This commonality has led these books to be classified as “lad lit” or “dude lit”, the Boy’s Own Club riposte to Chick Lit. But the authors themselves resist being slotted. “These are terms propounded by the media,” says Sinha, pointing out that his novel deals with the lives of a motley group of characters, not just one male protagonist. “In a broad sense, I suppose it can be called lad lit. But personally, while writing it, I was least concerned about what category it would fit into.” Besides, he says, the feedback he gets through his website and on email comes from both male and female readers.
Chetan Bhagat, whose bestselling Five Point Someone and One Night @ the Call Center have been vanguards for the genre, is more aggressive. “Chick lit refers to literature that is read primarily by women. But ‘lad-lit’ is read by men and women both, what is so laddish about it?” he asks. “Some journalists like to slot items into snappy sub-categories, and so do the marketing divisions of publishing companies – that’s how this compartmentalisation happens.”
Abhijit Bhaduri says Mediocre but Arrogant wasn’t written to fit a genre but flowed naturally out of his own experiences as a business-school student. “I wanted to write about the experience of growing up in India in the 1980s and I chose a business-school setting because I was familiar with it.” Similar sentiments are voiced by Sudeep Chakravarti, whose Tin Fish captured the ethos of Mayo School in the mid-1970s, a milieu the author had experienced firsthand. For all the recent media hype, “lad lit” is simply a jazzed-up term for the good old-fashioned Bildungsroman, which is the sort of book a first-time novelist – still struggling to find a comfort zone in fiction – often writes.
Reading is cool. So is writing. But 'serious’ equals ‘pseudo’
So while it’s interesting that stories are being told from the young male perspective, the more notable thing about these books is that they constitute a new approach to writing and publishing – one that’s opposed to the idea that reading has to be a solitary habit, confined to a select few. Through pricing strategies and through the accessibility of their writing, these authors are targeting a mass readership and they make no bones about it.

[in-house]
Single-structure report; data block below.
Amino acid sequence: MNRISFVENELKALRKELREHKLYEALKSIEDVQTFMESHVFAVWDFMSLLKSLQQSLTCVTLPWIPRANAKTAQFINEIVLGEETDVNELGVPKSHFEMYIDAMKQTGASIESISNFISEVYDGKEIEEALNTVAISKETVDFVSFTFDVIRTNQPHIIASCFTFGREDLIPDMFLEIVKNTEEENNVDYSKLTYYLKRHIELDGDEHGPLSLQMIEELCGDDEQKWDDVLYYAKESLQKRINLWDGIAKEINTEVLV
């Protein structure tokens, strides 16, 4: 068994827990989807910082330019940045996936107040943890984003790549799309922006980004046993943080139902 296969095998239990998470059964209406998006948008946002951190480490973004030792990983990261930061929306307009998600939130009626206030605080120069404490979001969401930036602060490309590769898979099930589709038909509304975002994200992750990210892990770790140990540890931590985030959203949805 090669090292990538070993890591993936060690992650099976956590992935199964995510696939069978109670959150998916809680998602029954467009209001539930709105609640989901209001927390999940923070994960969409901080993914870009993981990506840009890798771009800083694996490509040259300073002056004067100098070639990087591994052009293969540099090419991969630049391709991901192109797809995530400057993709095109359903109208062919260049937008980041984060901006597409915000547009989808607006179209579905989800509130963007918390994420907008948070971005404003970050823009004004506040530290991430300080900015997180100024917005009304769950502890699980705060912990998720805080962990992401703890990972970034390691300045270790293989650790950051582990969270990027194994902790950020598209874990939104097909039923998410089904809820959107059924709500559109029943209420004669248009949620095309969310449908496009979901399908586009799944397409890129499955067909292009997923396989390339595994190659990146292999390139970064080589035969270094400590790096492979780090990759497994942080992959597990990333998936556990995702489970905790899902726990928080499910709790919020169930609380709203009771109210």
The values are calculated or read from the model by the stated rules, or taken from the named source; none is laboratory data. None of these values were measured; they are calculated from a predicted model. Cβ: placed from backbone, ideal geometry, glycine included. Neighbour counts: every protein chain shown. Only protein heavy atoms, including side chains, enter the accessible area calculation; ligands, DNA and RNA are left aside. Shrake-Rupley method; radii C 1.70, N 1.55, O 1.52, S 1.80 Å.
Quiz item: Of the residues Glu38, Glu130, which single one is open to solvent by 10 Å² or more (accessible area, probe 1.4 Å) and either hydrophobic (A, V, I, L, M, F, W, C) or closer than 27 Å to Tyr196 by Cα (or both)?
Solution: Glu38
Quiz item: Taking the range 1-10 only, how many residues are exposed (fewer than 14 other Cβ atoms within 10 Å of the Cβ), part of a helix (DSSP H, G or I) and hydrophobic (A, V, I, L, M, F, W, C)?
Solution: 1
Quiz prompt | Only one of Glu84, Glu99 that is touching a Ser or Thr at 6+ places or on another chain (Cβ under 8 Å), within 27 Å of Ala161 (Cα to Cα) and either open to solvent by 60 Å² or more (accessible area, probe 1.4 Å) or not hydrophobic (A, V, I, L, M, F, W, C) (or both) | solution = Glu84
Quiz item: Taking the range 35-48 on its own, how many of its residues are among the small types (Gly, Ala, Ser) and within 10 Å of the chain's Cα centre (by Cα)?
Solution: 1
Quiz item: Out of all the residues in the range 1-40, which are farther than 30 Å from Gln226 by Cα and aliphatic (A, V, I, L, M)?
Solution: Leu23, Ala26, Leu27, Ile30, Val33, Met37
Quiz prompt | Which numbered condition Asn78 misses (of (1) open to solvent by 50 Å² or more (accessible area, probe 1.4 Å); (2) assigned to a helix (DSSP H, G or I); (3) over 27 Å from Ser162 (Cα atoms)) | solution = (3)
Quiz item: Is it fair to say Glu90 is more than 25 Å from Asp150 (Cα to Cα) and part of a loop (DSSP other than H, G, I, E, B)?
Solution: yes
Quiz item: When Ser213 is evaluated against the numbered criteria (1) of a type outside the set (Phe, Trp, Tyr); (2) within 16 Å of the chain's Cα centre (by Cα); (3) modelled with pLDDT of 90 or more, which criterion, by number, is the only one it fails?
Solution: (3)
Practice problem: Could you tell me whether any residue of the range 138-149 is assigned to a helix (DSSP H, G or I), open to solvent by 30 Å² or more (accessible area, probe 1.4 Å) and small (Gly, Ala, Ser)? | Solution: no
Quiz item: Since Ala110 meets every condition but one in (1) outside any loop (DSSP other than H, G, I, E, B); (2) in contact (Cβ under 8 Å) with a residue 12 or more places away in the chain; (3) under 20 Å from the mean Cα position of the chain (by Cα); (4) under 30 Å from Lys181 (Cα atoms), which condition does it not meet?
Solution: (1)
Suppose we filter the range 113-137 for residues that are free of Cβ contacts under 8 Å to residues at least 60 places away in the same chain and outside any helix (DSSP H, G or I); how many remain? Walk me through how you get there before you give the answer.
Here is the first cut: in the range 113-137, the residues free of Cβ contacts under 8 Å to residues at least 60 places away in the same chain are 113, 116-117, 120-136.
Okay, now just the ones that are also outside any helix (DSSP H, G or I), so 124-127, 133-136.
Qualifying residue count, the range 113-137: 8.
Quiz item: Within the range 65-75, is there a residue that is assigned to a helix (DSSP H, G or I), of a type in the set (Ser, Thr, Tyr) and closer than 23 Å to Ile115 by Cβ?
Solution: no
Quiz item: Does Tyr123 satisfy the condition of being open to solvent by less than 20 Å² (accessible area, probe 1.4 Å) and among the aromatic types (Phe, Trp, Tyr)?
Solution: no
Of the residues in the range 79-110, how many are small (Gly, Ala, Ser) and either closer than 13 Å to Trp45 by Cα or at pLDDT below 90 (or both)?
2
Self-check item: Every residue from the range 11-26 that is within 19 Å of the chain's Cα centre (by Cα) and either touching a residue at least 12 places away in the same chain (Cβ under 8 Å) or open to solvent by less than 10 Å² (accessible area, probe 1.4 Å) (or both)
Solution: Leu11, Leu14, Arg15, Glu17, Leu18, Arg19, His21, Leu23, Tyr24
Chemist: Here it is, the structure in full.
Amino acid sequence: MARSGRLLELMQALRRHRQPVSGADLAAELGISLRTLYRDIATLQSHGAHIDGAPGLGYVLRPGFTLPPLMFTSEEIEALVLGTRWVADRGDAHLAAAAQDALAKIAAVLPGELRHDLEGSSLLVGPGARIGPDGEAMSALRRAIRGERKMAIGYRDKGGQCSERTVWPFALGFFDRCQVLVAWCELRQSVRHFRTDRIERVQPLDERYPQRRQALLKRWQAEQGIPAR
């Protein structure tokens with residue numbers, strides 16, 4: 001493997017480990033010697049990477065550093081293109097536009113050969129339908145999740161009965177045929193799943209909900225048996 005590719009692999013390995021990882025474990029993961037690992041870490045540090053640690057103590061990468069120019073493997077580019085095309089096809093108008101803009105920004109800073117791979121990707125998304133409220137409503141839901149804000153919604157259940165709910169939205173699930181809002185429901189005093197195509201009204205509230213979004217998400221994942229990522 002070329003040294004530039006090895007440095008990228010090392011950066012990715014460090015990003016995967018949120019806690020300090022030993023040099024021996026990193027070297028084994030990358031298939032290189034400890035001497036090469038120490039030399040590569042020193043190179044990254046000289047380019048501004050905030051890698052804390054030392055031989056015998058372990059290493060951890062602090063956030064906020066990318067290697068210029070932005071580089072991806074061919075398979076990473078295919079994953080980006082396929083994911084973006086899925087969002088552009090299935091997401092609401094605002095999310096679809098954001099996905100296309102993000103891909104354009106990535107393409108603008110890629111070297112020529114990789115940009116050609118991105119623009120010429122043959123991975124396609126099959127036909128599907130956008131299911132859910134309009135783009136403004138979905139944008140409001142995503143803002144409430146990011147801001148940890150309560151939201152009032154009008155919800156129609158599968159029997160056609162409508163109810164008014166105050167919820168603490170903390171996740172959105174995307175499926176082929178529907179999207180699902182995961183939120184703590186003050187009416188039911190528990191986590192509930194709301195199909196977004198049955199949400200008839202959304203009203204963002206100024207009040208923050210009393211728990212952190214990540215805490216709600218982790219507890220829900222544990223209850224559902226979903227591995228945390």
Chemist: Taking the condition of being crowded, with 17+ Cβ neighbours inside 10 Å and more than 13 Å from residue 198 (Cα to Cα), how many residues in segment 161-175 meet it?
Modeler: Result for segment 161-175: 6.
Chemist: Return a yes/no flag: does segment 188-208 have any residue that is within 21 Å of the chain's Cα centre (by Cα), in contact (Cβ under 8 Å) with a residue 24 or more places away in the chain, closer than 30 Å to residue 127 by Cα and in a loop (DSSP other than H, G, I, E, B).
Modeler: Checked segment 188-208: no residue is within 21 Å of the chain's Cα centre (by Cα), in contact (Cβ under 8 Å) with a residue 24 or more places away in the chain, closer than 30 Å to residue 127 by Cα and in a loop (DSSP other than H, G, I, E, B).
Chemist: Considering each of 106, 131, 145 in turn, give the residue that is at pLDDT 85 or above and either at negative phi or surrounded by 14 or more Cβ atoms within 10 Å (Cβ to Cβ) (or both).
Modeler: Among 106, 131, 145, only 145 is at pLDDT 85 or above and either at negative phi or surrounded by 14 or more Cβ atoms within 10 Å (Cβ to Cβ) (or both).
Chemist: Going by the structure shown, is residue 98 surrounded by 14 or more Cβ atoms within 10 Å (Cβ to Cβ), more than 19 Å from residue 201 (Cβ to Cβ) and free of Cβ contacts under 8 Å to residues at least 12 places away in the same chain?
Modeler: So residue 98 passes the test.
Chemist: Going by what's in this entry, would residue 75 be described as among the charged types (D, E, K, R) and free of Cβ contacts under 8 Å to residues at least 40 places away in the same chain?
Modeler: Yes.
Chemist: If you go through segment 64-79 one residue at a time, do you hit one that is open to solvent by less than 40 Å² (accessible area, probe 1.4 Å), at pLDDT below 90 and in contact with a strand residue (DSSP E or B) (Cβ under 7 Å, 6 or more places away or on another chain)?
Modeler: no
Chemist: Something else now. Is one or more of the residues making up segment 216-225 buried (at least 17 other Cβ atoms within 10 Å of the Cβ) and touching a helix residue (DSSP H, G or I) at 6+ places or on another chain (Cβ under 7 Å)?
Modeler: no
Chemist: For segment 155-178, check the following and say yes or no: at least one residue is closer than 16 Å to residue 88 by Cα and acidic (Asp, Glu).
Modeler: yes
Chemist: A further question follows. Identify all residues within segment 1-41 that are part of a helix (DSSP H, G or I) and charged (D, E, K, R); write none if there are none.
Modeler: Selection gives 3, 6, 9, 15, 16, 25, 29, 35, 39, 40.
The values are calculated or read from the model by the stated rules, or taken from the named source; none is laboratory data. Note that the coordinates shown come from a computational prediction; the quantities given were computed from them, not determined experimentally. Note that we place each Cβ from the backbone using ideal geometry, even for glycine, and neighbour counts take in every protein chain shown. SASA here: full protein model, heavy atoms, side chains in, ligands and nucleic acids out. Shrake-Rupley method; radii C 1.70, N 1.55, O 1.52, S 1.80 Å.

A couple of years ago, Rupa & Co’s gambit of pricing Bhagat’s Five Point Someone at Rs 95 famously paid off: in a market where a mere 5,000 sales are enough to classify a novel as a “bestseller”, Five Point Someone sold lakhs of copies. Youngsters who would otherwise never have listed “reading” among their hobbies were buying the book – not just from regular bookstores but even at railway stations and traffic crossings. This is a strategy that other publishers have picked up on. Srishti Publishers has marked Raheja and Sinha’s novels at Rs 100 (in fact they are marked down even further at some bookstores), while Once Upon a TimeZone (HarperCollins India) and Mediocre but Arrogant (Indialog Publications) are both priced at Rs 195 – which is still quite low given their higher production quality and better editing.
“I told my publishers I didn’t want my novel priced at more than Rs 100,” Raheja tells me. Reason? He can’t imagine why someone might want to spend Rs 500 or more on a book “when he can go out with his girlfriend a couple of times and enjoy himself with the same money”. The obvious jokes aside (people who read have time for girlfriends?), this indicates a thought process that’s very different from that of purveyors of literary fiction. It’s the thought process of someone who’s willing to see a book as a pop commodity, something that provides instant gratification the way a quick meal at McDonald’s would – rather than as a pathway to intellectual stimulation.
But then “intellectual” is a bad word in these circles anyway – it’s synonymous with “pretentious”, and invariably preceded by “pseudo”. There’s plenty of inverse snobbery on view: the eagerness to take potshots at “serious writers”, the simplistic and self-serving assumption that any writer who uses big words, long sentences and descriptive prose must necessarily be insincere or catering to the demands of the West. The writers who target a mass-readership can’t understand why anyone would be “self-important” enough to write an 800-page tome, or to spend six years working on one book. “My life has been so eventful that I’m sure I can already write 50 books based on my experiences,” says Raheja confidently.